Emmanuel Chidi Nnamdi, a Nigerian immigrant in Italy, died on Wednesday from injuries he sustained when a local Italian native attacked him in Fermo, a town in central Italy. The Guardian reports that Nnamdi and his wife, Chinyere were believed to have sought asylum in Italy in 2015 after fleeing the killings and terror of the Islamist group Boko Haram in northeastern Nigeria.
Nnamdi, aged 36, was struck with an uprooted traffic pole and kicked violently by an extremist football supporter or “Ultra” as they are known in Italy. Nnamdi’s attacker, whose name is given as Amedeo Mancini, 35, is said to be well-known among the locals.
Eyewitness accounts say a fight broke out after Mancini hurled a stream of racial slurs at Chinyere and attempted to grab her forcefully. Her husband Nnamdi got involved, and he was soon engaged in fisticuffs with Mancini. Nnamdi would later go into a coma after Mancini attacked him with the traffic pole.
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Nnamdi was rushed to a hospital, but he did not survive. On Thursday, the Italian police charged Mancini with racially aggravated manslaughter. But his lawyer argues that “Mancini did not mean to kill,” maintaining that he had only struck Nnamdi in self-defence.
Emmanuel Nnamdi’s death has brought to the fore once again, Italy’s very dismal record of race relations. After fleeing violence and deprivation in their home countries, African and Middle Eastern immigrants in Italy have been targeted constantly by racist right-wing groups like the “Ultras.” The Ultras are extremist-right, violent, Italian soccer hooligans who are renowned for their racist behaviour. They regularly chant anti-Jewish songs, repeatedly boo black players, and even throw bananas at them.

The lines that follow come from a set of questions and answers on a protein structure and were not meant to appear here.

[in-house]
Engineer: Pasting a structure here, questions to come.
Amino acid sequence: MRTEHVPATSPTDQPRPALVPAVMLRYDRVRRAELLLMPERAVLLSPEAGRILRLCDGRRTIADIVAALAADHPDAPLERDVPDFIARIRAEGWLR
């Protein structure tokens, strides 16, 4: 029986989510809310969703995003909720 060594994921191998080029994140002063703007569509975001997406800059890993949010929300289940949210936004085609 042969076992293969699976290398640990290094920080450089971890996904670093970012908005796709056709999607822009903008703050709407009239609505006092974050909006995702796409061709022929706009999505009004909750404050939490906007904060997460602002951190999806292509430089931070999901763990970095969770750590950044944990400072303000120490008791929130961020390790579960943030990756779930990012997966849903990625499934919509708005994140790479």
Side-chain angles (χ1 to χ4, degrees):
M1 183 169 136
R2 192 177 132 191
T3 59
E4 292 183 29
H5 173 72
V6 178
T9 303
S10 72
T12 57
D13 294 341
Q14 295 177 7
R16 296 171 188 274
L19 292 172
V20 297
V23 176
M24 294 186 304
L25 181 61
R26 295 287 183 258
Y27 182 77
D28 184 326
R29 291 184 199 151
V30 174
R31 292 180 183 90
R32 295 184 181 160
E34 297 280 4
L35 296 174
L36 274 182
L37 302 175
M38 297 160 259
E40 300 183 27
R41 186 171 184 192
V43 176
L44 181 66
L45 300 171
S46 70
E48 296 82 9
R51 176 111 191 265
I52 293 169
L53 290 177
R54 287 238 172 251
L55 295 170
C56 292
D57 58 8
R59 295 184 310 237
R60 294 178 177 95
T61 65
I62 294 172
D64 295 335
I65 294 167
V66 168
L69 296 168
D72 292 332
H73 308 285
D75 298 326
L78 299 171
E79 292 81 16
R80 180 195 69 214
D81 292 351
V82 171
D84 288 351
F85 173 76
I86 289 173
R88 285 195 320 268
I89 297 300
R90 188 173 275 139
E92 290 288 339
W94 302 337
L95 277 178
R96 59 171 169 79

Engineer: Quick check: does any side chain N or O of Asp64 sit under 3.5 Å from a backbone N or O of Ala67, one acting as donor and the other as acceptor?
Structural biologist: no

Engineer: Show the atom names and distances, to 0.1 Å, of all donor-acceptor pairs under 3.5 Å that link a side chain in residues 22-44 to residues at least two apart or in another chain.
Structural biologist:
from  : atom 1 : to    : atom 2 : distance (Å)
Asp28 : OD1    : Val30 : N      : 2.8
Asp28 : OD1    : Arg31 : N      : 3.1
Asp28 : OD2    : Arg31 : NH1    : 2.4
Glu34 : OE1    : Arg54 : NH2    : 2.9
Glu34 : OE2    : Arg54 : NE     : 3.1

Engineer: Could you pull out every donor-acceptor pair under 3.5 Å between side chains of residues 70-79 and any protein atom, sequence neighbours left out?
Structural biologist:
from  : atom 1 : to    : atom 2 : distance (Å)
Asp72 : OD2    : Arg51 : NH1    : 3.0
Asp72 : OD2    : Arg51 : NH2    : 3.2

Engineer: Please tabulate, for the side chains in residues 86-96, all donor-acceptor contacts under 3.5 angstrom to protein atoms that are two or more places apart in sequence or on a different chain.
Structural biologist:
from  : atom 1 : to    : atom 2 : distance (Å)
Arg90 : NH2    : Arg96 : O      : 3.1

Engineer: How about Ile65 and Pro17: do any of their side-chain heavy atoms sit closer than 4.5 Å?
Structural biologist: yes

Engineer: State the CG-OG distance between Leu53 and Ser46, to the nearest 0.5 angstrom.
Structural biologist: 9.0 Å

Italian authorities have typically responded to reports of racial intolerance with little more than a slap on the wrist to offenders. This has all but permitted the blatant, overt display of racial intolerance by many towards immigrants. In 2008, Silvio Berlusconi, the then-Italian Prime Minister, created something of a media furor when he described US President Barack Obama as “young, handsome, and sun-tanned.”
Despite the international media backlash that followed his remarks, Berlusconi refused to withdraw his words and brushed off the criticism with a “joke” about Obama and his wife Michelle, saying: “You wouldn’t believe it but they go to the beach together to sunbathe because even his wife is suntanned.” Berlusconi suffered no immediate personal or political consequences in Italy for his loose comments.
The killing of Emmanuel Nnamdi has shocked many Italians, however, and the hashtag #Emmanuel has been trending across major social media platforms. Italian Prime Minister Matteo Renzi wrote on Twitter: “The government today is in Fermo with Don Vinicio and the local institutions in memory of Emmanuel. Against hate, racism, and violence.”
The speaker of Italy’s lower house of lawmakers Laura Boldrini was more forthcoming when she wrote concerning the xenophobic attacks that “the hate that poisons our society will be acknowledged and not underestimated … Those who have political and institutional responsibility must distance themselves from messages of hate and not stoke them.”
As part of measures for redress, Italy’s Interior Minister Angelino Alfano announced that Emmanuel Nnamdi’s widow Chinyere has been granted immediate refugee status. It is hoped that the Italian authorities would ride the wave of the public outcry against Nnamdi’s murder to further the conversation about the need to foster healthier race relations in Italy.